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Packers licking wounds, get needed bye week break

The SportsXchange

GREEN BAY, Wisc. -- The Green Bay Packers are not only off to a 1-2 start for the second consecutive season, but they are licking plenty of wounds.

Unlike last year, when they had a quick turnaround to put a controversial Week 3 Monday night loss at Seattle behind them, the Packers will have two full weeks to rue what has them two games behind unbeaten NFC North front-runner Chicago.

Green Bay and the Carolina Panthers are the first two teams to hit their bye weeks. The Packers players came in Monday for meetings and treatments and, in turn, are free from football obligations through this weekend.

For a good number of players, however, they'll be sticking around for extra care from the medical staff as the team's rash of early-season injuries mounted in the 34-30 loss at Cincinnati on Sunday.

"You're talking about core guys - guys who we look to to make plays for us," cornerback Tramon Williams said. "And, for guys like that to go down, it's hard to replace it."

The Packers went into Sunday's game without rookie halfback Eddie Lacy (concussion) and fullback John Kuhn (hamstring) after they sustained injuries the previous week, along with top safety Morgan Burnett and nickel back Casey Hayward, who have yet to play this season because of nagging hamstring injuries.

They lost three more key players during the game: tight end Jermichael Finley to a concussion in the first quarter and then outside linebacker Clay Matthews to a hamstring injury and halfback James Starks to a knee injury, both in the second quarter.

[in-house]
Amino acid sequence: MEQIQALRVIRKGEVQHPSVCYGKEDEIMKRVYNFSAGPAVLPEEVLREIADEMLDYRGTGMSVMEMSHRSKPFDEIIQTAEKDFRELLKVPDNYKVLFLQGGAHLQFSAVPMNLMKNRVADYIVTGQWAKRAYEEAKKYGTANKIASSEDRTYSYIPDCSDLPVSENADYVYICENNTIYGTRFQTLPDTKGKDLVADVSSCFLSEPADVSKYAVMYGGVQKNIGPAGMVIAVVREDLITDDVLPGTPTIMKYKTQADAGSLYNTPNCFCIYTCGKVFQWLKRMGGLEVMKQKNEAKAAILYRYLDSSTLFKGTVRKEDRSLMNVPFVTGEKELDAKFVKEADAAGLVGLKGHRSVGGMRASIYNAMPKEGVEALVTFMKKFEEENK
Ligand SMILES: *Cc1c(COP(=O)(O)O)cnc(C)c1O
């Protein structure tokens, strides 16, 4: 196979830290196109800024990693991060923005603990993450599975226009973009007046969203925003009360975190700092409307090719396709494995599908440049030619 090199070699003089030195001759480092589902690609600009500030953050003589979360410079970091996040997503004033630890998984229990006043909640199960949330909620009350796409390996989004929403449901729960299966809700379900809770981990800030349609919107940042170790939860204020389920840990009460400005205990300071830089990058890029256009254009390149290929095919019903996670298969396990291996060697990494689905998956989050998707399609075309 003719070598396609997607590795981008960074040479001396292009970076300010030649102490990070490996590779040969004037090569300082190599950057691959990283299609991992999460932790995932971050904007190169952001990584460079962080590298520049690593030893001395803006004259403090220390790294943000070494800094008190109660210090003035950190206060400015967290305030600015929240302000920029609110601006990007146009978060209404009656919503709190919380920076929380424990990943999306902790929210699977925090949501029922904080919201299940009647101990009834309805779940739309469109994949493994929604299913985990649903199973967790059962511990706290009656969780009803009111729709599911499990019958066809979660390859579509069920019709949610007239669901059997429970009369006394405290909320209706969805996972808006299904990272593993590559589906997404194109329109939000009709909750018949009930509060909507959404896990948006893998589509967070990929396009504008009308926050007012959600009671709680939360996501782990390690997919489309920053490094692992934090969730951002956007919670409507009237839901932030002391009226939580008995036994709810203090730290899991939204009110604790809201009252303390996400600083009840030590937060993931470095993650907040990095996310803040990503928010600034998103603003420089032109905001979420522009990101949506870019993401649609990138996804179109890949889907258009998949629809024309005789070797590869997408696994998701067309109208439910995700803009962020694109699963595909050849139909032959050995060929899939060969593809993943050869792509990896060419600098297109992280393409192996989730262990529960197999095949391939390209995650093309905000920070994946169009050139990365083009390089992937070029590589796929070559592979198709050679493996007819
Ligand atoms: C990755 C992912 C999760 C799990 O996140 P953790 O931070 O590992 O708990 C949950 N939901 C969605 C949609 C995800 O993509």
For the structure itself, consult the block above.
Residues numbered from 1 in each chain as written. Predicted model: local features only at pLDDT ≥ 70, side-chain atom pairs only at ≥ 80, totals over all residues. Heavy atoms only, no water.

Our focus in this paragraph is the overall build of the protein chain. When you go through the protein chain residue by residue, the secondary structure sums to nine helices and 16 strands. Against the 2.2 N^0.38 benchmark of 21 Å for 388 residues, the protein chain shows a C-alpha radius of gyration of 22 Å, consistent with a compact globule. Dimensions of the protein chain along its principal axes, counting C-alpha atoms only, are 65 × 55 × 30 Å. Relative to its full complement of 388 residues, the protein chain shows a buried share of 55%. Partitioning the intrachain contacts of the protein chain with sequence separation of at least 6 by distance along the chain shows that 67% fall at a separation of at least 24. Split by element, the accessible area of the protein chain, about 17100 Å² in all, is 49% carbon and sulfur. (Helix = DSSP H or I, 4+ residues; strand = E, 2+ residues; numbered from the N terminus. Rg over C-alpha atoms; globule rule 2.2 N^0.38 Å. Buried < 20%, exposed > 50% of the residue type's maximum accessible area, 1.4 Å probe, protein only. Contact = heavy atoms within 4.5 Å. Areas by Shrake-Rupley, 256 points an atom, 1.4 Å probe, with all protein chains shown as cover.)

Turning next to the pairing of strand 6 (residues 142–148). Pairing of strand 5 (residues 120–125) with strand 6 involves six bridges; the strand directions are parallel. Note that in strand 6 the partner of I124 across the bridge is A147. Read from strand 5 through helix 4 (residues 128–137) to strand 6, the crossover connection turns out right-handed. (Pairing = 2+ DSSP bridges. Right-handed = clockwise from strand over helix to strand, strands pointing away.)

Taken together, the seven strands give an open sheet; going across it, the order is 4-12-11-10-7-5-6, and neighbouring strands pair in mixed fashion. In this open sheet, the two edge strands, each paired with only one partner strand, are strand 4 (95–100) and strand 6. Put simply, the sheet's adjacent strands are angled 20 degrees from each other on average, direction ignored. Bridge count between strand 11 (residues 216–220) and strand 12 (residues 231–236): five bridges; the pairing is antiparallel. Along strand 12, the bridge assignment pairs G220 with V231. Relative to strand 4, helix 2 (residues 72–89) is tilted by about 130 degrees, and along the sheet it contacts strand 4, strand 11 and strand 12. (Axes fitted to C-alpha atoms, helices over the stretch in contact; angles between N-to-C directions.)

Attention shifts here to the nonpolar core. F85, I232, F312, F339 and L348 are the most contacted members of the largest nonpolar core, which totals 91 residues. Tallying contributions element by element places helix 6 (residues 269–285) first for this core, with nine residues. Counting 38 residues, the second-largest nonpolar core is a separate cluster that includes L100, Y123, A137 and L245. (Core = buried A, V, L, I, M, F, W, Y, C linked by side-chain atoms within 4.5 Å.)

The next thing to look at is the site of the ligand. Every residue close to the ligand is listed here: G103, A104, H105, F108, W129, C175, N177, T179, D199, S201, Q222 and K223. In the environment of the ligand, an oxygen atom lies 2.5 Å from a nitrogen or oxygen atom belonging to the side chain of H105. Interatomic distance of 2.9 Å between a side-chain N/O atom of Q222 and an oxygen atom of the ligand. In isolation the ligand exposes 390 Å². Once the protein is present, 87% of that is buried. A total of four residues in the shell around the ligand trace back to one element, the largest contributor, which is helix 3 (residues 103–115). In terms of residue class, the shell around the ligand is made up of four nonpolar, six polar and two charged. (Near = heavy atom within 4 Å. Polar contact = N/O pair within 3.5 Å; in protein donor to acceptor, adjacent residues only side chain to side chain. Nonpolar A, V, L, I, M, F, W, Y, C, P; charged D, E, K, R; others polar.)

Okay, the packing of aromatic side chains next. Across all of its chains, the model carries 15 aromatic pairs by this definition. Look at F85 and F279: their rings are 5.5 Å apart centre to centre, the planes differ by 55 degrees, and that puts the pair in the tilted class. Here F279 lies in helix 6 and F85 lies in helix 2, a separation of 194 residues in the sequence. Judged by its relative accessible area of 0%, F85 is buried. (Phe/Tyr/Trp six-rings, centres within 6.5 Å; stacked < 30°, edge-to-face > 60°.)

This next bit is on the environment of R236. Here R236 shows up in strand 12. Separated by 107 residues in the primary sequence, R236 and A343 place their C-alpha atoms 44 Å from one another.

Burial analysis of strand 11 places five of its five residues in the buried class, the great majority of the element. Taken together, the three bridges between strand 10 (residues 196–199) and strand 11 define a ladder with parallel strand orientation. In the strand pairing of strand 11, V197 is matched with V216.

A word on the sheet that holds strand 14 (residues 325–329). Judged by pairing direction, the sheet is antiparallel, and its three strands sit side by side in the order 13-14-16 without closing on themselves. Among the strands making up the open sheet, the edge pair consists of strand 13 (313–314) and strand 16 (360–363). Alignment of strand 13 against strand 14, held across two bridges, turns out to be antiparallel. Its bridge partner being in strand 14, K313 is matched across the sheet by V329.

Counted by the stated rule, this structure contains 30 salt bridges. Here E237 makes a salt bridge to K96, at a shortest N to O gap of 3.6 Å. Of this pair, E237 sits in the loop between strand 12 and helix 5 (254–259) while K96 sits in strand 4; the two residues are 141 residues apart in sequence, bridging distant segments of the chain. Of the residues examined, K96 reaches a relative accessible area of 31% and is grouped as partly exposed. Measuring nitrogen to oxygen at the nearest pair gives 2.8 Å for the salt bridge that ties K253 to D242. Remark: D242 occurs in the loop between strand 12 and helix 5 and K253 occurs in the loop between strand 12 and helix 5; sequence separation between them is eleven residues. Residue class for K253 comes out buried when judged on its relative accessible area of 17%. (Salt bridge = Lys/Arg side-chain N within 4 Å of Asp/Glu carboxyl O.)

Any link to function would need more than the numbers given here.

Per his tight-lipped nature, head coach Mike McCarthy didn't touch on any of the injuries Monday.

When asked about the prospect of having Matthews available next week when the team returns from the bye and gets ready to play host to division rival Detroit on Oct. 6, McCarthy said, "I hope so. ... I'll see where Clay is when we get back on Monday."

Matthews, who said he tweaked a hamstring that has been problematic in previous seasons on his second forced fumble for a turnover in the second quarter Sunday, sounded optimistic after the game about his prognosis.

"I'll be good," he said. "I think (holding him out the second half of the game) was more of a preventive measure than anything. I felt like I could go out there, but we have to be smart with this, especially going into the bye week. I don't see myself missing any time."

Defensive coordinator Dom Capers was hoping for the best Monday with his top playmaker.

"Clay has had that (hamstring) issue before, and we lost him for a month last year," Capers said. "If he said it's tweaked a little bit, you don't want him back in there (Sunday) because we're going into the bye week. So, hopefully, that gives him time to recover and we don't miss a beat."

Capers isn't sure whether Burnett and Hayward will finally be available next week. Burnett has practiced on a limited basis the last couple weeks.

"I hope so, but I don't know," Capers said.